Gary McMahon has an uncanny knack for getting inside the heads of his characters and creating highly believable personalities. Set in the shell of a house under refurbishment and in the shell of a marriage destroyed by tragedy, there is literally no clutter to distract Rob, or the reader, from his thoughts; namely the death of his son. More than just a metaphor for this disquiet is a strange room that inhabits the centre of the house, a room where no sound can exist. For Rob and his wife, Becky, this room becomes the focus for their hopes and fears. McMahon is careful not to employ sentimentality as a device to move us, but rather the sheer realism of Rob and Becky’s relationship hooks us in to their story.
The room offers different things to both characters and this helps to intensify what is already a very internal horror. Despite the fact that a room of abnormal qualities exist within the walls of the house, one gets the idea that this is not a supernatural story in the traditional sense. Rather it investigates the personal hauntings of two people affected by grief. How do each of them deal with the tragedy and where will their obsession with the room take them?
What They Hear In The Dark taps into a commonly used and very contemporary horror, one that is even more relevant since the riots. Disaffected youth; ‘the criminal generation’; Hoodies! Hoodies are the modern bogeyman; seething adolescent menace hidden within the shadows of their track suit hoods. The youth of today are vilified and misunderstood and it is very easy for politicians to right off a generation as if they were somehow just ‘born bad’. My shoulders tense up when horror writers use this particular bogeyman, McMahon is no ordinary horror writer though and knows precisely that this social paradigm is far from simple. Rob is, in many ways, average society as the room, or his mind, distort these figures into the grotesque monsters they are often believed to be. But why did they kill his son? Not out of hate, but because they were bored. Now that is horror.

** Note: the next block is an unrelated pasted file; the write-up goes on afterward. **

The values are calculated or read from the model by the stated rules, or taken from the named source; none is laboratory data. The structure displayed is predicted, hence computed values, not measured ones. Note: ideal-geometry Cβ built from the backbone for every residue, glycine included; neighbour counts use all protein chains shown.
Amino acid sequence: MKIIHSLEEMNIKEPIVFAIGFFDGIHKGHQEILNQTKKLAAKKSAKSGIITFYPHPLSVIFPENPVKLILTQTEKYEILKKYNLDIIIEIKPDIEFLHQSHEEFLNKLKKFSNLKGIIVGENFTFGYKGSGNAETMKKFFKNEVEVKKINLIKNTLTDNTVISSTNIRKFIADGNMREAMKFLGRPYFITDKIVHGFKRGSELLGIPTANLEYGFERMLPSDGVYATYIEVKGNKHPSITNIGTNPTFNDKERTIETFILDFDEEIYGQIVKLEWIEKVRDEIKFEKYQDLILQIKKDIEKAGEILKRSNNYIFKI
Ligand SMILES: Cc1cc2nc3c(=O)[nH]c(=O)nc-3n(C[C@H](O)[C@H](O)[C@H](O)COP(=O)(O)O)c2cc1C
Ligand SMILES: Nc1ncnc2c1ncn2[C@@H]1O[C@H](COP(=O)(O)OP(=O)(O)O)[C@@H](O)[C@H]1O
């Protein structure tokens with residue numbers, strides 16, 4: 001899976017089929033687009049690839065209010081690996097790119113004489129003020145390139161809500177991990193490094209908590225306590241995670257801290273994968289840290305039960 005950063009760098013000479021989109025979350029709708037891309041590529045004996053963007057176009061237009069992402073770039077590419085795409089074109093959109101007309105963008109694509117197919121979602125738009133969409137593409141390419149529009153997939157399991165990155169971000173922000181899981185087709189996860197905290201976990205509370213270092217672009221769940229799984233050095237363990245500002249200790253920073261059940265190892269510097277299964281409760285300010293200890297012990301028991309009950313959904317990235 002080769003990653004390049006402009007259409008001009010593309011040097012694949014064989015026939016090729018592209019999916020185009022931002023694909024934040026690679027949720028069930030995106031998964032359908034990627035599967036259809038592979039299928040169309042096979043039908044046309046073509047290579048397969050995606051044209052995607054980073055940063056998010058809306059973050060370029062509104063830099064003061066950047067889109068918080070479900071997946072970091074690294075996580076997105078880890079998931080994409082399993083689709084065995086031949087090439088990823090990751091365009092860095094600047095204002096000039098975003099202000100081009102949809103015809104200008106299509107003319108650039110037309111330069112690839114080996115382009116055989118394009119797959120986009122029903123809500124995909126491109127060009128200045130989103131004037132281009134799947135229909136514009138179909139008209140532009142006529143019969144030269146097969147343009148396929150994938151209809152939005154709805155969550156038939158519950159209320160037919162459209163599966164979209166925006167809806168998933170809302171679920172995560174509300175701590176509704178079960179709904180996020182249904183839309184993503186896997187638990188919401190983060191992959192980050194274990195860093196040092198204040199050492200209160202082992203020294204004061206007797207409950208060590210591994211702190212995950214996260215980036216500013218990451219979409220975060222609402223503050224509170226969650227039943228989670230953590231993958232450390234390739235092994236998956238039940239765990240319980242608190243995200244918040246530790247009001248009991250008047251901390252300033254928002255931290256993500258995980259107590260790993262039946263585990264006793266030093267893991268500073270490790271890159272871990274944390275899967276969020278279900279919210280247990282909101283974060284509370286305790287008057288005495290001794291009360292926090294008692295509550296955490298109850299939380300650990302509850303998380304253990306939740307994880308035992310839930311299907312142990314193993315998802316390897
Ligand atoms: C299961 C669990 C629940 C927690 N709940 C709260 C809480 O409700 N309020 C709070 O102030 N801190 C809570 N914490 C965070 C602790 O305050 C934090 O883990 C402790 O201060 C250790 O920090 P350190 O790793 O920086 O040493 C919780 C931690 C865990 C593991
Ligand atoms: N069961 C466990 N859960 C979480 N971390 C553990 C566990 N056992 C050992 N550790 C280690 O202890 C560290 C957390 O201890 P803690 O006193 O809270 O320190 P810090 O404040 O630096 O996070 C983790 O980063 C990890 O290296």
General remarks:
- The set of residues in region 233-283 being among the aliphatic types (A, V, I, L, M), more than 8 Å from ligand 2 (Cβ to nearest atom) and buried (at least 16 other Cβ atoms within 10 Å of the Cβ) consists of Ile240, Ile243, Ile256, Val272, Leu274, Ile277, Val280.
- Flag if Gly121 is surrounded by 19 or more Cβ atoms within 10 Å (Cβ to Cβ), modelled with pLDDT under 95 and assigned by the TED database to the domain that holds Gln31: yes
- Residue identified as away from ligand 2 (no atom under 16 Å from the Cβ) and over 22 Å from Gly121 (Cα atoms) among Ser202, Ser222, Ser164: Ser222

I was left at the end with that vague feeling, I often get with short fiction, that something was unfinished. On the whole though this is another superbly crafted story by McMahon and concentrates on his strength of dissecting very real, emotional conflict.Nowhere Hall by Cate Gardner reviewed by Corina Harrington
Nowhere Hall is a challenging read, but it does offer rewards for the persistent reader. The problems begin almost immediately as you are thrown into a sea of confusion. You are literally plunged in head first and come out on the other side gasping for air, wondering how on earth you managed to be so deceived?
When I emerged I felt similar to those occasions I’ve woken with the sense of ‘knowing’ that I’ve had a dream, only to be left with vague memories and glimpses of broken images frustratingly hidden behind a heavy veil in my mind, preventing me from remembering anything conclusive. All of this meant it was difficult to stay focused on the underlying storyline. There are subtle shifts in direction that had me wondering if I’d missed something in an earlier paragraph. Every time I was sure I had the right idea of what the author had in her mind, when writing, I found I was off course and having to reconsider. Often I needed to retrace my steps in order to get back on course. I didn’t mind this at first, I found it interesting to be taken on such a mysterious tour, but it had me expecting a twisted climax at the end, something to cement it all together. Yet, when I reached the ending, I was still asking myself ‘well, what was that all about’?
Despite this there was something rather enjoyable about being plunged into a gloomy, nightmarish world, that made you feel you were trapped somewhere between the living and the deceased. The shadows taking on a life of their own, altering the scenery, deceiving you over and over. It put me in mind of a bewitched labyrinth, and it was this notion that kept me wanting to read on, to track the footsteps of this character making his way through the seemingly impossible maze to discover the destiny of his unfortunate soul. Yet, it was this same notion that immediately disappointed me at the conclusion, because I just didn’t feel like I’d discovered anything, I only had more questions.